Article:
The clock has long passed striking twelve midnight.
When it did though, history was made, as Wednesday saw recreational cannabis become legal across Canada, now just the the second country to decriminalize marijuana for recreational usage nationwide.
The move has long been in the cards, as Prime Minister Justin Trudeau promised it during the 2015 election campaign.
- Ottawa introduces legislation to legalize marijuana
- Despite calls for delay, Trudeau says pot will be legal this summer
Across the country, police forces readied themselves for the big day, including the Regina Police Service.
“As much as we’ve been preparing for this for quite some time, really it’s only been in the last month or two that they’ve firmed up the legislative requirements on this,” said Chief Evan Bray. “In fact, we don’t even have the instrument on this that will be part of our roadside screening that we’ll be doing.”
While the instrument is another tool, Bray noted the men and women in law enforcement have a lot of tools and training to enforce impaired driving.
City of Regina is ready for it
At City Hall, they’re ready to go.
“We have zoned across the city, where we have our six outlets that will be there,” said Regina’s Mayor Michael Fougere. “They’re in various stages of being ready to go.”
Fougere also noted the city’s smoking bylaw is in place, dictating clear instructions regarding where smoking will and won’t be permitted in public spots.
- Regina City Councillor looking for more strict cannabis dispensary boundaries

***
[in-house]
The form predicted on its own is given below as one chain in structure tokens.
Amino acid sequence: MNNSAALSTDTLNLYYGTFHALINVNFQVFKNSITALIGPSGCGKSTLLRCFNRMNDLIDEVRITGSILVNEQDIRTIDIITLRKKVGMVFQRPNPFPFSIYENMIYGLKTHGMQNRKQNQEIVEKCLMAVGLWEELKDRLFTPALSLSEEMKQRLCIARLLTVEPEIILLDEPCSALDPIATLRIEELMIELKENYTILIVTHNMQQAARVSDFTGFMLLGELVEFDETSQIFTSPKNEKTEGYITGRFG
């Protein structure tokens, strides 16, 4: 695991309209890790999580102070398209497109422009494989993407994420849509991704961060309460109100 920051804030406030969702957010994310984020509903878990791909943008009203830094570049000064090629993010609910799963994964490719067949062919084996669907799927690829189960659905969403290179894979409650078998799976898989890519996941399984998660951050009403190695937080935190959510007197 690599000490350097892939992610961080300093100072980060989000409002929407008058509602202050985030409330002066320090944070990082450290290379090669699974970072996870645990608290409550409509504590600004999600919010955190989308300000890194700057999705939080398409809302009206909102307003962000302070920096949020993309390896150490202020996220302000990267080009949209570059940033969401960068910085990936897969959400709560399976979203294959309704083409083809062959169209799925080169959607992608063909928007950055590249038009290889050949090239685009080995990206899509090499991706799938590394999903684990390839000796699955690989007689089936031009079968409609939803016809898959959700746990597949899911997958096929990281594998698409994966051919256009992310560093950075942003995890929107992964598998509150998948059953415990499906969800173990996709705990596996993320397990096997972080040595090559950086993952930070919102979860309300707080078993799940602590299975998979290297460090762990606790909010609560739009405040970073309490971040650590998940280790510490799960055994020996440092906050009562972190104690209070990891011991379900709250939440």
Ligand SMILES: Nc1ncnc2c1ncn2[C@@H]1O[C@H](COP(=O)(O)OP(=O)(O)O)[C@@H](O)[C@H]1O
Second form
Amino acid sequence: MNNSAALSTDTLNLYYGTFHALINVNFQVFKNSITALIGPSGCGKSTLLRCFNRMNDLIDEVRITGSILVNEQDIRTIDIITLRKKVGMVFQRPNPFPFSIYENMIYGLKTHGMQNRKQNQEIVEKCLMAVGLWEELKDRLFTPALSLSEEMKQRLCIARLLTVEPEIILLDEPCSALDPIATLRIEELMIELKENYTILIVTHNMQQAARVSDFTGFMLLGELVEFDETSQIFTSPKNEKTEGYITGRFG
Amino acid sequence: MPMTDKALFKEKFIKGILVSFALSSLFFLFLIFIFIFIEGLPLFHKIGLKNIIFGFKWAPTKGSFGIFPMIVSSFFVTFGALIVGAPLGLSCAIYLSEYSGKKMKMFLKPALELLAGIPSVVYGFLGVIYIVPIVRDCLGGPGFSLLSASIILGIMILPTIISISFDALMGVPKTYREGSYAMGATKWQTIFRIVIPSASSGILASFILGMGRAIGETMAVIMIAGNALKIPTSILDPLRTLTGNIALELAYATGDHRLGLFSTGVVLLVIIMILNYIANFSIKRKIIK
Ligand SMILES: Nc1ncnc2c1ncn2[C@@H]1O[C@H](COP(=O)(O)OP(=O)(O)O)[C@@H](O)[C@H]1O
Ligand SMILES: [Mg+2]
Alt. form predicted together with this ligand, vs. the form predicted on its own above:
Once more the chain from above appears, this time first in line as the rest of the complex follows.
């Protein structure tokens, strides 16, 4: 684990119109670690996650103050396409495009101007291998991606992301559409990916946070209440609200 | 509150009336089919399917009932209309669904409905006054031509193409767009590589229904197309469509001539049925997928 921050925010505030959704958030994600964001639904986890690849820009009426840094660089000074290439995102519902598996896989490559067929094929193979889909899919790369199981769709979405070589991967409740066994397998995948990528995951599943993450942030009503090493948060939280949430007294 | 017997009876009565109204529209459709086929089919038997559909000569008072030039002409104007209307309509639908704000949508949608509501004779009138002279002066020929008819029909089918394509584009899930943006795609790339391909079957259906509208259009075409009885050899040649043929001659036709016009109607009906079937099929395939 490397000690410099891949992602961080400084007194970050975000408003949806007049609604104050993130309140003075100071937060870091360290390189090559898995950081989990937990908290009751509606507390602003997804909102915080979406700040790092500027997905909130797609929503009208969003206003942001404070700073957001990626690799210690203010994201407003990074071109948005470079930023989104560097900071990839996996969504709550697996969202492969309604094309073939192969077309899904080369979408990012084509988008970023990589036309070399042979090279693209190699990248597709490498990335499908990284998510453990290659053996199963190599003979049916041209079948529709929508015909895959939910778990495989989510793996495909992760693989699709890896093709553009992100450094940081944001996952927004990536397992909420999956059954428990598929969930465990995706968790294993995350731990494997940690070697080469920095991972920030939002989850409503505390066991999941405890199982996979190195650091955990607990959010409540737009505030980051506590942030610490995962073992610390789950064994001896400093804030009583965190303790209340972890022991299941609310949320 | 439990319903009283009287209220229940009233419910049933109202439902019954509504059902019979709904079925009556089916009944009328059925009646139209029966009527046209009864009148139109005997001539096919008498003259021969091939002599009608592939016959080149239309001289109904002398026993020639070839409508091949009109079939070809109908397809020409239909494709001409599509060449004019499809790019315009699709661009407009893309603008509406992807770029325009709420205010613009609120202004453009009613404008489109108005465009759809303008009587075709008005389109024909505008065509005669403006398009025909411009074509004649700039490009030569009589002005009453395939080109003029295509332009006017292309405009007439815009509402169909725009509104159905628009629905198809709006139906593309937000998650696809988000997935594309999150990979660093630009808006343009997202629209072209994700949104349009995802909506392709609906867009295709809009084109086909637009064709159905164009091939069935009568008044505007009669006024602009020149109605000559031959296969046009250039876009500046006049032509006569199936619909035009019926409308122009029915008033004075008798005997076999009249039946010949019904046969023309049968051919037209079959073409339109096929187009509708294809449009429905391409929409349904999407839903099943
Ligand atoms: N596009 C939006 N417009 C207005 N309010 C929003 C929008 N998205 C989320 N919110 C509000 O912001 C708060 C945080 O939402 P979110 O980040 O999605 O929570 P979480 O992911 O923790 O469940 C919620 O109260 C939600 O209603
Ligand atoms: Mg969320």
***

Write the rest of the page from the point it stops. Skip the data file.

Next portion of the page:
- City of Regina has unanswered questions in regards to cannabis funding
From his end, Fougere is disappointed Saskatchewan municipalities won’t receive any funding from cannabis sales.
“My understanding is that now Alberta and Québec have reached an agreement about sharing revenue from the sale of cannabis,” he said. “We continue to want to see that.”
Province not budging on stance on impaired driving now that cannabis is legal
Impaired driving is impaired driving.
For Saskatchewan’s Minister Responsible for SGI Joe Hargrave, it’s as simple as that.
“No matter if they’re edible, or they’re smoked or eaten or however they’re taken, be it prescription drugs or marijuana. ” he said. “If you get behind the wheel and you’re impaired, we’re going to get you.”
- Sask. government announces $25,000 for MADD’s educational program
- Before legalization, marijuana second only to alcohol in impaired driving collisions
Hargrave noted Saskatchewan saw a 40% drop in drinking and driving deaths, a figure he’d like to continue to see trending downward.
“If we need more laws and regulations around it, then we’ll bring them in.”
Regina International Airport making cannabis policies very present
If you’re travelling through the airport in the Queen City, you’ll become aware very quickly on policy regarding the drug,
That’s because there’s posters and other signage plastered throughout the terminal.
Travellers going through @FlyYQR will now see cannabis message boards like these permanently.
Signage is very visible throughout the terminal.#CannabisLegalization #cdnpoli #news pic.twitter.com/iMN9mFfiA4
— David Boles (@DavidJBoles) October 17, 2018
“We’ve been prepared now for a couple weeks in anticipation of the legalization of cannabis in Canada,” said Earl Spencer, the VP of Operations and Safety with the Regina Airport Authority.
Domestic travelers are each allowed to have up to 30 grams of cannabis legally in their carry-on or checked luggage.
However, using and/or consuming marijuana products won’t be permitted on airport property.
“Basically, we’re treating cannabis just like alcohol, in terms of consumption in public areas,” noted Spencer. “We’re just not allowing it.”
(with files from Ryan McNally, Drew Postey)